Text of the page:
Our sailing the Bahamas adventures were full of all sorts – storms, sharks, new friends, beautiful turquoise waters, engine failure, pigs, iguanas, carnivals, lots of shallows and more. Read and watch our Sailing Bahamas series, full of articles and videos, to get a feel for sailing in and around the Bahamas, booking in, varied anchorages, lovely sights, must-see spots, and some great sailing.
Get a feel for sailing the Bahamas before you go there yourself.
Within each of our Sailing Destination areas on the website, we provide information that will give you a feel for our passage to and throughout the area. The information includes our passage plan and route, a diary-style article about what we got up to and a video showcasing the surrounding area and/or some sort of special event that happened (ex. engine failure and having to sail into an anchorage).
Each article and post have been created so that you can get an idea as to the various areas, what some of the highlights are, whether we think they’re a hit or miss and some of the difficulties we ran into. Our hope is that these sailing destination series will prepare you a bit more than just sailing to a destination blind.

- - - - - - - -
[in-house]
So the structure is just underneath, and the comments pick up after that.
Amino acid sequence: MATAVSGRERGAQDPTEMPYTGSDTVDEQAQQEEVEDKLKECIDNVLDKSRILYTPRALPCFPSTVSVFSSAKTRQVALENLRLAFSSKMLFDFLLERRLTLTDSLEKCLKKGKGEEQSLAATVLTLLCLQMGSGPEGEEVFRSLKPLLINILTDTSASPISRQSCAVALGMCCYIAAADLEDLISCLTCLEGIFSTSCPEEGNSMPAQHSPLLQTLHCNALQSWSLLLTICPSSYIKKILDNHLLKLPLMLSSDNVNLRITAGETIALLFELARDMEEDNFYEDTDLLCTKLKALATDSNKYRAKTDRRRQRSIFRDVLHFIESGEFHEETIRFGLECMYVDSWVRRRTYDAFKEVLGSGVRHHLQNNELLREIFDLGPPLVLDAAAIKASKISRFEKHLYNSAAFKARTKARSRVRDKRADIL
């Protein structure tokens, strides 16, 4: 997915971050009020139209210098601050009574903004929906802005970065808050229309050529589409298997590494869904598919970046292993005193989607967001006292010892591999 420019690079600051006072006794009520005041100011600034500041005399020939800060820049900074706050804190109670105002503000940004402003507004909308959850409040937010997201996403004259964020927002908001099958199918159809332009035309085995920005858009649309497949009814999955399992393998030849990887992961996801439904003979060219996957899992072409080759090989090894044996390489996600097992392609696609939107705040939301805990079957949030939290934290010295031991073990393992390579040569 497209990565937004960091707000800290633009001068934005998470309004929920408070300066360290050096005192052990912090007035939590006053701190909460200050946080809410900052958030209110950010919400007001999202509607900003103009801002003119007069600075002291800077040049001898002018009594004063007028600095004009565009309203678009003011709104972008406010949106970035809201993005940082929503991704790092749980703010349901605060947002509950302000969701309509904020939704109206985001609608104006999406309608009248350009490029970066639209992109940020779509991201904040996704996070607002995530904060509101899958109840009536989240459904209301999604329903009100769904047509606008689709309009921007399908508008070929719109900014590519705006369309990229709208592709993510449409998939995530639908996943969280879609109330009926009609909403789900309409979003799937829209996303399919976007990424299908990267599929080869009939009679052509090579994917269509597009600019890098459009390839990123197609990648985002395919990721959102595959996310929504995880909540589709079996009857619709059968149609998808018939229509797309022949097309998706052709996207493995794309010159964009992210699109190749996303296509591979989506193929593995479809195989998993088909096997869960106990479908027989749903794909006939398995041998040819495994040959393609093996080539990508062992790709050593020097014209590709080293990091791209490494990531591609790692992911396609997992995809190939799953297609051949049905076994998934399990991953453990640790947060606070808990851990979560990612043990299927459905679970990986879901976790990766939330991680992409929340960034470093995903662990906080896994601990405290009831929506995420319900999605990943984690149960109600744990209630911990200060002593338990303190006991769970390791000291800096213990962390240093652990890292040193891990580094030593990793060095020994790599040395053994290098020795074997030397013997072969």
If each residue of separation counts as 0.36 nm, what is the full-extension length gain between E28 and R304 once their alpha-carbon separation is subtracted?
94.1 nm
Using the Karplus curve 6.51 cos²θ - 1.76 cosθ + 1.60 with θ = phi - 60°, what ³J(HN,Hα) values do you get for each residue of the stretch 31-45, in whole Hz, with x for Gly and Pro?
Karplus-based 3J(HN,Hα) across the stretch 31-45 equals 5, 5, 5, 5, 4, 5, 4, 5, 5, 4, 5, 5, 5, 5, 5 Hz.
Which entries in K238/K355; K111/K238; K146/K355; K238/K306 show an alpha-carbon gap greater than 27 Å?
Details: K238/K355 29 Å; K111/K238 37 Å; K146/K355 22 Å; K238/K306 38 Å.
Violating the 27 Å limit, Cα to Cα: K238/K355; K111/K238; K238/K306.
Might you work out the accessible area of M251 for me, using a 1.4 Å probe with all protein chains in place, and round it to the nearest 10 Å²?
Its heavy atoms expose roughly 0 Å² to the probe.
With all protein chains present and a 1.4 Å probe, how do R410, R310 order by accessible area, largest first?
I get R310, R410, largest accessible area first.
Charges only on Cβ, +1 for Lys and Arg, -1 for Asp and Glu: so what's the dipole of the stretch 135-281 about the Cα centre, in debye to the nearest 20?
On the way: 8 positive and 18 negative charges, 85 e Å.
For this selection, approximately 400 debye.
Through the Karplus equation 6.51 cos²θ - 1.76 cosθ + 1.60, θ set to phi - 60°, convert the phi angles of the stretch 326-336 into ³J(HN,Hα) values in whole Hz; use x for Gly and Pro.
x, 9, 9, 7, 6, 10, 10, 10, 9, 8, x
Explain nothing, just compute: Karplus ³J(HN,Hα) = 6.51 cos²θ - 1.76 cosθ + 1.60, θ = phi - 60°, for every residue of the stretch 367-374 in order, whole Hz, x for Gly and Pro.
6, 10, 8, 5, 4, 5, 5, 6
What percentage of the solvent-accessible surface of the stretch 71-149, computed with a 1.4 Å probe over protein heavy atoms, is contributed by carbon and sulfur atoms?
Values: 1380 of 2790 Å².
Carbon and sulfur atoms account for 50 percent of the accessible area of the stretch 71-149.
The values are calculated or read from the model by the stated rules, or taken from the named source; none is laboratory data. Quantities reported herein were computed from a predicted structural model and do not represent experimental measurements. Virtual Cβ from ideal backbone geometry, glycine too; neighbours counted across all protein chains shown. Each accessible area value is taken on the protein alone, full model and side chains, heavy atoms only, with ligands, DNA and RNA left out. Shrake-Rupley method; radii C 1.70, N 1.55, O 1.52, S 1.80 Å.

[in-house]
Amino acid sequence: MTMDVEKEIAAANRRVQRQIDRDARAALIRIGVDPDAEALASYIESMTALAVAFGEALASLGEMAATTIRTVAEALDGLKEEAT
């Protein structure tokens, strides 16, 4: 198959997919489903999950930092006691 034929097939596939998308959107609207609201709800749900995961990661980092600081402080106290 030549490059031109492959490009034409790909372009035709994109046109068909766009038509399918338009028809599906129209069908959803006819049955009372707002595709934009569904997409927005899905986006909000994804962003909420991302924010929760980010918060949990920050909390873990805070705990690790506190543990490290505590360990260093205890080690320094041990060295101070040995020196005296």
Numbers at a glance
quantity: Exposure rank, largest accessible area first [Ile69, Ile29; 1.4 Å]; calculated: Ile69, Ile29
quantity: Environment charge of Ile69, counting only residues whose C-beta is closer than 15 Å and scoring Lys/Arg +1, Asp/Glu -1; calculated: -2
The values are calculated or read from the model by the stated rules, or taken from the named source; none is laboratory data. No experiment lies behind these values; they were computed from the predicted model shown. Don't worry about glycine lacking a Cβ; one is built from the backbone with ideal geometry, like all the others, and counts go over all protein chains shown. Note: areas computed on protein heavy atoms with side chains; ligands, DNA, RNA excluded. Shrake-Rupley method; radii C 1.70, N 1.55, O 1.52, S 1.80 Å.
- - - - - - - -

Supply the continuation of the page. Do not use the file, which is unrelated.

Our trip through the Bahamas was prior to hurricane Dorion…
However, the areas we sailed in were not effected like the Abacos where. I’m told that everything we saw is still as it was. Considering we’re a deep keelboat, we skipped the Abacos due to depth but it’s not uncommon for sailors with keels to still pay a visit.
We enjoyed the Eleuthera and the Exumas with only a few scary moments!
Our Sailing The Bahamas Adventure
We sailed for two nights from Florida to arrive at our destination of Royal Island, Bahamas. Rather, I should say that we motored half and sailed half. The crossing of the Gulf Stream was noticeable but not bad. The whole boat shifted from side to side for a while but eventually slowed down. We timed our crossing well. (Video’s and more in-depth articles are included via links below or skip to an area you’re most interested in by using the navigational menu above – Sailing The Bahamas).